For many people, retirement income may come from a variety of sources. Here’s a quick review of the six main sources:
Social Security is the government-administered retirement income program. Workers become eligible after paying Social Security taxes for 10 years. Benefits are based on each worker’s 35 highest earning years. If there are less than 35 years of earnings, non-earning years are averaged in as zero. In early 2012, the average monthly benefit was $1,230.1
Personal Savings and Investments
One survey found that 62% of today’s workers expected that their personal savings outside their IRAs and employer-sponsored retirement plans, and investments will be either a major or minor source of retirement funds. The same survey found that only 45% of current retirees report personal savings and investments are a source of funds.2
Individual Retirement Accounts
Traditional IRAs have been around since 1974.3 Contributions you make to a traditional IRA may be fully or partially deductible, depending on your individual circumstances. Distributions from a traditional IRA are taxed as ordinary income and, if taken before age 59½, may be subject to a 10% federal income-tax penalty. Generally, once you reach age 70½, you must begin taking required minimum distributions.
Roth IRAs were created in 1997.4 Roth IRA contributions cannot be made by taxpayers with high incomes. To qualify for the tax-free and penalty-free withdrawal of earnings, Roth IRA distributions must meet a five-year holding requirement and occur after age 59½. Tax-free and penalty-free withdrawal also can be taken under certain other circumstances, such as a result of the owner’s death. The original Roth IRA owner is not required to take minimum annual withdrawals.
Well over one-third of workers are eligible to participate in a defined–contribution plan such as a 401(k), 403(b), or 457 plan.5 Eligible workers can set aside a portion of their pre-tax income into an account, which then accumulates tax deferred.
Distributions from defined contribution plans are taxed as ordinary income and, if taken before age 59½, may be subject to a 10% federal income-tax penalty. Generally, once you reach age 70½, you must begin taking required minimum distributions.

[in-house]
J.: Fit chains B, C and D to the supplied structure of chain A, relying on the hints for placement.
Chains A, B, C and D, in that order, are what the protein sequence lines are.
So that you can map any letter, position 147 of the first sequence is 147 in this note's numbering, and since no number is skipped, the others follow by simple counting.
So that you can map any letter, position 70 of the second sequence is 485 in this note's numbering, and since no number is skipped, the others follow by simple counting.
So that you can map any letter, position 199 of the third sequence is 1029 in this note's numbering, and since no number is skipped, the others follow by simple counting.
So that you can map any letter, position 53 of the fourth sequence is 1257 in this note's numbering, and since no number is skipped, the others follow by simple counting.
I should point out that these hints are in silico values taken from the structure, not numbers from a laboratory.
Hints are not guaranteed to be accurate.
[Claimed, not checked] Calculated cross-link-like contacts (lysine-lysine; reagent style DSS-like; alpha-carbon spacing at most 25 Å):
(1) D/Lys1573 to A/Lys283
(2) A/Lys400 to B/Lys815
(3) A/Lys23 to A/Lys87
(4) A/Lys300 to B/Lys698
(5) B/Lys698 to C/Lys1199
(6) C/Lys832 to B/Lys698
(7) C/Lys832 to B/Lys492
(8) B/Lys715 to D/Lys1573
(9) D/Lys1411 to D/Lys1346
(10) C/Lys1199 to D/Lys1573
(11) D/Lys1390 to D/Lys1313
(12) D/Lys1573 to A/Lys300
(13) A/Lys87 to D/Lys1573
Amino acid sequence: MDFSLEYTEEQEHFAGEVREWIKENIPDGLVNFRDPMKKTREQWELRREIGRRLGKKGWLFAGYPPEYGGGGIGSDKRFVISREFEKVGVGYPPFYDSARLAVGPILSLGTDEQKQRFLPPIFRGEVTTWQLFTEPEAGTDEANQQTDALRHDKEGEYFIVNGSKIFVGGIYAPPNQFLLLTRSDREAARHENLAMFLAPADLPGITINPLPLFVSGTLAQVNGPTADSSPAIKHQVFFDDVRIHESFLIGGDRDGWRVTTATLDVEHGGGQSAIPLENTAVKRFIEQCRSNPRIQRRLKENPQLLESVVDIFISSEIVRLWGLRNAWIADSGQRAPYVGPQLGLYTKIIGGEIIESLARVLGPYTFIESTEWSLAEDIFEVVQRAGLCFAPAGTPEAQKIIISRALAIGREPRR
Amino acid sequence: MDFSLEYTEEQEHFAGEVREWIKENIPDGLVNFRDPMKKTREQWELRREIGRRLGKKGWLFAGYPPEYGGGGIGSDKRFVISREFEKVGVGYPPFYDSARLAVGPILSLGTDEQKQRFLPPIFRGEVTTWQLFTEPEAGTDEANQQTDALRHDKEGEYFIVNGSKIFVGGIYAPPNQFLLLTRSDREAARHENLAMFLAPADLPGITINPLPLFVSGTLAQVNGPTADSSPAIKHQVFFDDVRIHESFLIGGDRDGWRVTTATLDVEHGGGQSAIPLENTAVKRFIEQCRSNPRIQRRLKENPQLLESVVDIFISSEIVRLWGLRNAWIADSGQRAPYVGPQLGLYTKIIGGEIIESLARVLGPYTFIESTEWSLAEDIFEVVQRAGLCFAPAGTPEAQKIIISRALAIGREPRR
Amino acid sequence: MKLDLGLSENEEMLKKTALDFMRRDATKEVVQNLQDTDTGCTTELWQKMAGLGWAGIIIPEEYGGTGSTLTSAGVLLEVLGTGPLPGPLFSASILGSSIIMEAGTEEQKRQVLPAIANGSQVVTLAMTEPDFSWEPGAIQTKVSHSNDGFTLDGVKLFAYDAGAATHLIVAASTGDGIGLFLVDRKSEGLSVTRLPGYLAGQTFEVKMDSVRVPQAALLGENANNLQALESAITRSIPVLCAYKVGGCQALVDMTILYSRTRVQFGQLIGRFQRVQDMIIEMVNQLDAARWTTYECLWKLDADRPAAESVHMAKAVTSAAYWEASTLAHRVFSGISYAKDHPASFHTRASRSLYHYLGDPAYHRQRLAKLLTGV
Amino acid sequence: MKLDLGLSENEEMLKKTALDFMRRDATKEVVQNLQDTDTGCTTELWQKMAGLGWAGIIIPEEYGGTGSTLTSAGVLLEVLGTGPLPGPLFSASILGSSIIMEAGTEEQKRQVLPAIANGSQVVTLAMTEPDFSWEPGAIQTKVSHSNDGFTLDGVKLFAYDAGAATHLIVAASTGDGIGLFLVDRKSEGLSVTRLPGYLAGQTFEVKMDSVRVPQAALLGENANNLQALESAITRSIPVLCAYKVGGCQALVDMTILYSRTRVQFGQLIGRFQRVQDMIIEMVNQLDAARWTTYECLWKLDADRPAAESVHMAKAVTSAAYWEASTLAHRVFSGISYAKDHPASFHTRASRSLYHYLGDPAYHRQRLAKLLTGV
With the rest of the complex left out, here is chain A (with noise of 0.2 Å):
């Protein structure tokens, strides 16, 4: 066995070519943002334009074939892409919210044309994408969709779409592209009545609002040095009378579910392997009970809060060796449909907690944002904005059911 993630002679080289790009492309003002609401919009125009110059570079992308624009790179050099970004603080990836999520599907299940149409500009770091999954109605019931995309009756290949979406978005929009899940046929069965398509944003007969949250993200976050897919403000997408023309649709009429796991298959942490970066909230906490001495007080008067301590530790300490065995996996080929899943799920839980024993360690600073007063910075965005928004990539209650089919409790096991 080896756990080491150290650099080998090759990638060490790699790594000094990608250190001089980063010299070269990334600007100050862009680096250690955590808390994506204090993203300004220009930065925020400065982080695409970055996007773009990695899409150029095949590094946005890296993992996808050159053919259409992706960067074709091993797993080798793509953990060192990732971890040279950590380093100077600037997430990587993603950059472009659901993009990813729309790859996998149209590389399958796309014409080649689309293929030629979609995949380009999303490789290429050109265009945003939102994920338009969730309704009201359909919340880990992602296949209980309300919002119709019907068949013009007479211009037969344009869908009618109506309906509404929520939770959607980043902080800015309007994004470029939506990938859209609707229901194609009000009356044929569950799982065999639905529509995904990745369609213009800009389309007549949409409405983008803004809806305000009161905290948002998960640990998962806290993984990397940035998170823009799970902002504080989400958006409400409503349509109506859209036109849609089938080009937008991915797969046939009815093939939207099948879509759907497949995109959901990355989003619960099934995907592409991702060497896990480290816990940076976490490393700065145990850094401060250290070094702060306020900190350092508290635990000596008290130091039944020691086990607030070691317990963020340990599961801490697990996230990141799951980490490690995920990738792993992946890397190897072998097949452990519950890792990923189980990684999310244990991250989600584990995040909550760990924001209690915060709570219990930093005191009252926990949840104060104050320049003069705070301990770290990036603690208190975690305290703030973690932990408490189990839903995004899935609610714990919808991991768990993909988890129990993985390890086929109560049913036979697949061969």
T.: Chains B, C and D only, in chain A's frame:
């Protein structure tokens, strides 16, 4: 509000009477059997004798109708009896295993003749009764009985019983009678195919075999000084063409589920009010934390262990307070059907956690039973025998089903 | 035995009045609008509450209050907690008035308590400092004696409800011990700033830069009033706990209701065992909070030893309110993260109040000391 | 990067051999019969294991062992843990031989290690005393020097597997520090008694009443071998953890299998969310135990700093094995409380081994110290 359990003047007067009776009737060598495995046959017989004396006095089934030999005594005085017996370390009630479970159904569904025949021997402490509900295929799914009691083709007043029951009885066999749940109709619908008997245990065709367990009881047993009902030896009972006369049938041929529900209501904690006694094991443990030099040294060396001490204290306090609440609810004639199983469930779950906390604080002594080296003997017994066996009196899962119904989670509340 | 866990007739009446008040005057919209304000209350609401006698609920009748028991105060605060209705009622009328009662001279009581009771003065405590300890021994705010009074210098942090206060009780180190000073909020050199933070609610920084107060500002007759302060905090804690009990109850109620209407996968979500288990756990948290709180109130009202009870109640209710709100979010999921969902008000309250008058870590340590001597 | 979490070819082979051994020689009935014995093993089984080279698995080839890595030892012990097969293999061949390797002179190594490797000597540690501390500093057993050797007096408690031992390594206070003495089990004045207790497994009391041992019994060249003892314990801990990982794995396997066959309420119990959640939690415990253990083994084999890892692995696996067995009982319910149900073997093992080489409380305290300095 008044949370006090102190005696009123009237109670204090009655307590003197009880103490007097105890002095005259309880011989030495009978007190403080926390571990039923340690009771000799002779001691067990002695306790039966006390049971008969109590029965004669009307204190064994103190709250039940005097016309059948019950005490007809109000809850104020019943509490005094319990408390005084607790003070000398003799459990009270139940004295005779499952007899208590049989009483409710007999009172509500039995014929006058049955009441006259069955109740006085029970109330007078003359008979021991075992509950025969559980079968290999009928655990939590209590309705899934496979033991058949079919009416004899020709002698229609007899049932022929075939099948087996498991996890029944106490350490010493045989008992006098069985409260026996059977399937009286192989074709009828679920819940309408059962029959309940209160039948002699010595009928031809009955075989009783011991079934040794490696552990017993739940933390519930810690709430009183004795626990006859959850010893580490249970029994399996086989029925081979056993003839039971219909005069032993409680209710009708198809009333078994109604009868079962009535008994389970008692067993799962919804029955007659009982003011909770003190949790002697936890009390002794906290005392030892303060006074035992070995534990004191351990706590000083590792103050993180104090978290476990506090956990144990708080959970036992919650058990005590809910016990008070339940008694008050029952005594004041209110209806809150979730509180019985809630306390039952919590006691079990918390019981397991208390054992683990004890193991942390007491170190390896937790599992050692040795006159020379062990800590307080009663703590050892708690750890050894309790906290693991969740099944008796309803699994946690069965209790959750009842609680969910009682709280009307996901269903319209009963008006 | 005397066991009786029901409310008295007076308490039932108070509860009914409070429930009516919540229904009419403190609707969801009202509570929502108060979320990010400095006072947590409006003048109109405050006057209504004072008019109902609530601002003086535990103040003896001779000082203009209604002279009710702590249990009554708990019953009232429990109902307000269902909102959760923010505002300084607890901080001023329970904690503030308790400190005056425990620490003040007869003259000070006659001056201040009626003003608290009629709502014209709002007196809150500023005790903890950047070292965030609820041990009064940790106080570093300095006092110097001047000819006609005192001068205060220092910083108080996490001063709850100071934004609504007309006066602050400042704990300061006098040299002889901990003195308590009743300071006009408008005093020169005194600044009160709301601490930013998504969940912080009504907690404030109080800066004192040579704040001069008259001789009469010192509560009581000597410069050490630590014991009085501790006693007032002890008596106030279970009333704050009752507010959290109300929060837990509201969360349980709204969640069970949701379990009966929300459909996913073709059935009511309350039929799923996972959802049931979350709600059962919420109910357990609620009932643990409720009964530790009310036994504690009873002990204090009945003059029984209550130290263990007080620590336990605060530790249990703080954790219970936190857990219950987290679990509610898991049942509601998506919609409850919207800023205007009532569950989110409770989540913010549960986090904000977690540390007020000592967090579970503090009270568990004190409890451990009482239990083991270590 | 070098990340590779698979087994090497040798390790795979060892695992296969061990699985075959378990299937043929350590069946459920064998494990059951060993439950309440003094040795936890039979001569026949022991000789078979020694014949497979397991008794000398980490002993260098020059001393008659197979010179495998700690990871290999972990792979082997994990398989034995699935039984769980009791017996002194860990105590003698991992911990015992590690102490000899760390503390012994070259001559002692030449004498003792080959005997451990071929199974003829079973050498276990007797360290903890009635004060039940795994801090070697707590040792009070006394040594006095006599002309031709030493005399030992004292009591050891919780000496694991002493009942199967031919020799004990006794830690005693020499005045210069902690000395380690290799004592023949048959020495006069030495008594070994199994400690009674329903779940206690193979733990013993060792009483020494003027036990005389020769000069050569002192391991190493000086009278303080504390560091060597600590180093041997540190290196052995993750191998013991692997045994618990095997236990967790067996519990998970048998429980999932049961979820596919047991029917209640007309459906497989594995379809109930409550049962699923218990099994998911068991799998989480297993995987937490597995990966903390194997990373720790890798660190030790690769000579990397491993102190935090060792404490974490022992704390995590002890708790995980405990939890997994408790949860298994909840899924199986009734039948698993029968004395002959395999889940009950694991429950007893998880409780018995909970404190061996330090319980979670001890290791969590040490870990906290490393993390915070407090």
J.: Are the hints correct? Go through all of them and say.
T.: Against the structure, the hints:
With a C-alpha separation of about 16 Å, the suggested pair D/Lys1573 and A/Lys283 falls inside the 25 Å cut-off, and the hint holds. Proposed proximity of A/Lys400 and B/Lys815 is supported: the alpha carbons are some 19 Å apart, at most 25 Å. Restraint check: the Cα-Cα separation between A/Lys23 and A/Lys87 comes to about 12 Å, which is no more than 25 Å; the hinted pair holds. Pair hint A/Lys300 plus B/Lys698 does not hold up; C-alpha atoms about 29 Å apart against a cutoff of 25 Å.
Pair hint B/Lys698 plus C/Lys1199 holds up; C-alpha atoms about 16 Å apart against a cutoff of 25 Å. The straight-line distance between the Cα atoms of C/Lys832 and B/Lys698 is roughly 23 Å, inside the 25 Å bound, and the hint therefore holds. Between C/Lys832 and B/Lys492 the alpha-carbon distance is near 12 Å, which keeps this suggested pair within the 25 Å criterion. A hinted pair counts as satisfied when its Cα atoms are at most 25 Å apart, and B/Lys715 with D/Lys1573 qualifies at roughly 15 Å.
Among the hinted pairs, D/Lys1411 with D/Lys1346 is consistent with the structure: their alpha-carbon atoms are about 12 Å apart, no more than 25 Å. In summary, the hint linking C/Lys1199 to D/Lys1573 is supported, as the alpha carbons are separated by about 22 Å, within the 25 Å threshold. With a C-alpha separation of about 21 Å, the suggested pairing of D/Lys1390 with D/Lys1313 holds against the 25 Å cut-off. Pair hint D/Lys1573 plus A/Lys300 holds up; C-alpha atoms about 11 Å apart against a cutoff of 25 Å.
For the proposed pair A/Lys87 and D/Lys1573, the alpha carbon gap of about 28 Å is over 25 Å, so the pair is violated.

Defined–benefit plans are “traditional” pensions—employer–sponsored plans under which benefits, rather than contributions, are defined. Benefits are normally based on factors such as salary history and duration of employment. The number of traditional pension plans has dropped dramatically during the past 30 years. (See chart)
In a recent survey, 79% of workers stated that they planned to keep working. In contrast, only 27% of retirees reported that continued employment was a major or minor source of retirement income.6
Fall of the Traditional Pension
Participation in traditional pension plans has fallen dramatically during the past 20 years. Participation in defined contribution plans, such as 401(k), 403(b), and 457 plans, has risen steadily over the same period.
1. Social Security Administration, 2012
2. Employee Benefits Research Institute, 2012
3,4. Congressional Budget Office, 2012
5,6. Employee Benefits Research Institute, 2012
The content is developed from sources believed to be providing accurate information. The information in this material is not intended as tax or legal advice. It may not be used for the purpose of avoiding any federal tax penalties. Please consult legal or tax professionals for specific information regarding your individual situation. This material provided by Scharf Group, LLC was developed and produced by FMG, LLC to provide information on a topic that may be of interest. The opinions expressed and material provided are for general information, and should not be considered a solicitation for the purchase or sale of any security. Copyright 2012 FMG, LLC.